Can a cookie made with childhood faves give us all the feels? Oh yes, it can...
Last year I visited New York for the first time and on my list of must-try places was the legendary Momofuku Milk Bar in the East Village. I’d just finished lunch, but knew I had to go all out so I ordered the OG Crack Pie, Cereal Milk Soft-Serve and the famous Compost Cookie. There I was, standing on the sidewalk with a trio of sweet treats in the middle of a snowstorm, which had actually shut down a lot of the subway throughout the city. I know what you’re thinking: ‘minus 10°C and you’re eating ice-cream on the side of the road? Are you mad?’ Slightly, yes, but when in New York you’ve got to go for it.
I was completely blown away by how delicious the Compost Cookie was, so I created this playful recipe to make a Singapore version using local ingredients (think salted egg potato chips) and treats we all had as kids growing up. Have fun with this recipe – your cookies should be salty, sweet and loaded with your favourite snacks. Get creative with your baking!
Note: If you want to take things to the next level, try my method of smoking the chocolate with tea leaves – you’ll need a smoking gun for this option.
Ingredients (makes approx 16 cookies)
- 1 ¾ cup (215 g) all-purpose flour
- 2 tsp kosher salt
- 1 tsp baking soda
- 1 cup (225g) unsalted butter
- 1 cup (220g) dark brown sugar
- ½ cup (100g) white sugar
- 1 tsp vanilla extract
- 1 egg
- 1 egg yolk
- ½ cup (85g) semi-sweet chocolate chips, chilled
- ½ cup (85g) dark chocolate, chopped and chilled
- 1 tbsp lapsang souchong tea leaves (optional)
- 2 cups salted egg chips
- 90g chocolate-coated biscuit sticks – I went for the crushed almond option
- Sea salt
1. Preheat the oven to 180˚C and line a tray with baking parchment.
2. In a medium bowl, sift together the flour, salt and baking soda.
3. In a saucepan, add the butter and melt over medium heat. The butter will start to toast and go slightly brown, so stir it constantly so that it browns evenly. Once done, take it off the heat and pass it through a fine chinois or sieve into a small metal bowl.
4. Set aside to cool to room temperature. To help speed up this process, you can place the butter in the fridge for 15 minutes. You want to make sure the butter is still liquid when you’re adding it to the dough later on, so make sure to remove it after 15 minutes.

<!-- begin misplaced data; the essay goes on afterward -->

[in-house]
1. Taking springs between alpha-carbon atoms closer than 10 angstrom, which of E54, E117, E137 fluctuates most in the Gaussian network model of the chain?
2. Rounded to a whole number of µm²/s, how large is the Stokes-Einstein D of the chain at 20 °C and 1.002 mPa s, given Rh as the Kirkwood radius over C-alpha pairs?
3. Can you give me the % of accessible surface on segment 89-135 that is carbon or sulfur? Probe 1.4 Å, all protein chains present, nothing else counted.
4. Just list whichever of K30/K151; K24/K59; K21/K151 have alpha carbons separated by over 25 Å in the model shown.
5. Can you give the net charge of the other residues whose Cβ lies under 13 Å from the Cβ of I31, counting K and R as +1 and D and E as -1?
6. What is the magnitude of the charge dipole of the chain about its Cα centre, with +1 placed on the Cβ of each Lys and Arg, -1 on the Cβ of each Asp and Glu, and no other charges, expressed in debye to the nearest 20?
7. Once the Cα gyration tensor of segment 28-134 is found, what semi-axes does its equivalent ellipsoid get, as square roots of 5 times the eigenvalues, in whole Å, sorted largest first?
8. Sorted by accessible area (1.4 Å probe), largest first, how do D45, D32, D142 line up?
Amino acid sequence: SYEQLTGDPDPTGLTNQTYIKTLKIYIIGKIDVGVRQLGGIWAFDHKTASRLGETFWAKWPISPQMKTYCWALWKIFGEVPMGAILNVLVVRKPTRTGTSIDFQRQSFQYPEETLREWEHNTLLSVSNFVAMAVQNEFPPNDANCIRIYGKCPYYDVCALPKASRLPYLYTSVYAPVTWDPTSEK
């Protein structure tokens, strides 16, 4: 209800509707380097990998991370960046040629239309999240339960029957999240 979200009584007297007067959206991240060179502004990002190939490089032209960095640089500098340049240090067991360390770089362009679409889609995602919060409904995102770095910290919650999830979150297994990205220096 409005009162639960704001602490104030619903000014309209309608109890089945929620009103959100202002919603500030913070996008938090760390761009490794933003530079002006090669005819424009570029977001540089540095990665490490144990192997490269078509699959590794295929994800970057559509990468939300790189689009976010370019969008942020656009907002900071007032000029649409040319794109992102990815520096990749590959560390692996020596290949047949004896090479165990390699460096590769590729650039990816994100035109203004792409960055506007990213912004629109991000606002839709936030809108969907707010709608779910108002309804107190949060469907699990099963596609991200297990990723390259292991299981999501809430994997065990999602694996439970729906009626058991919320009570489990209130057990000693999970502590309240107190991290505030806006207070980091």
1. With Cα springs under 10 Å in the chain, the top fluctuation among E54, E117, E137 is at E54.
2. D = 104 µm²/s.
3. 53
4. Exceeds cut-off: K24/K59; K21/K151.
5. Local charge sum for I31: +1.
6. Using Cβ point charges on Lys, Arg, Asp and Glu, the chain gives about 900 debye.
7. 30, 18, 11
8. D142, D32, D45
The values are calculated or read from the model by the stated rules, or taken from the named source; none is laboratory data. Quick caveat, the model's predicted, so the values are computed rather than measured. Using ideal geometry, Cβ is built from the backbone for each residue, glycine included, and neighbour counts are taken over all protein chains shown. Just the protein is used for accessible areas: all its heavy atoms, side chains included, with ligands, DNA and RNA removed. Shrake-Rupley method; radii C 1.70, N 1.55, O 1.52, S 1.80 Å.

5. In a large bowl, add the sugars, vanilla and cooled brown butter. Use an electric mixer to cream together for around two minutes until light and fluffy.
6. Add the egg, additional yolk and beat until incorporated.
7. Add the dry ingredients, half the mixture at a time, and beat between additions until just incorporated. Do a scrape down around the edges before moving on.
8. If you won’t be smoking the chocolate with tea leaves, skip to Step 9. Otherwise, place the chilled semi-sweet and dark chocolate on a plate. Take the smoke gun, fill the chamber with the tea leaves, then turn on the machine and light the tea leaves. Once the smoke starts to come out, direct it at the chocolate and immediately cover it with a cloche, trapping in as much smoke as possible. Keep the tea covered with the cloche for at least 2 minutes.
9. Tear the chocolate-coated biscuits into thirds or quarters and fold them together with the chocolate into the dough. Follow immediately with the potato chips, which can be roughly scrunched into the dough. Don’t make the pieces too fine – a few chunkier bits will add a visual pop to the cookies.
10. Scoop the dough onto the lined baking sheet in 3-tablespoon-sized mounds (roughly the size of a golf ball). Evenly space the mounds 8cm apart from one another. You might need 3 or 4 baking trays depending on the size of your oven, or simply cook in batches.
11. Bake in the preheated oven for 8-10 minutes for a chewier cookie, or 10-12 minutes for a crunchier cookie. Continuously check their progress and pull them out when the edges start to go brown and there’s a lovely golden finish on top. Remember, all ovens bake at different speeds.
12. Let the cookies cool on the baking sheet for 2-3 minutes before transferring them to a cooling rack to cool completely. Sprinkle a little sea salt over the cookies when they’re still hot: this amps up the flavour like you wouldn’t believe!
1. When placing the chocolate on a plate to be smoked, evenly distribute the chocolate to form a single layer to maximise the surface area and contact for the smoke to penetrate and impart flavour. If a cloche isn’t available, place the chocolate in a large saucepan and cover the top with a double layer of clingfilm.
2. Halfway through the bake I like to switch the cookie trays around (top to bottom and bottom to top) and turn them 180° to ensure there’s an even browning on all the cookies. Consistency is key!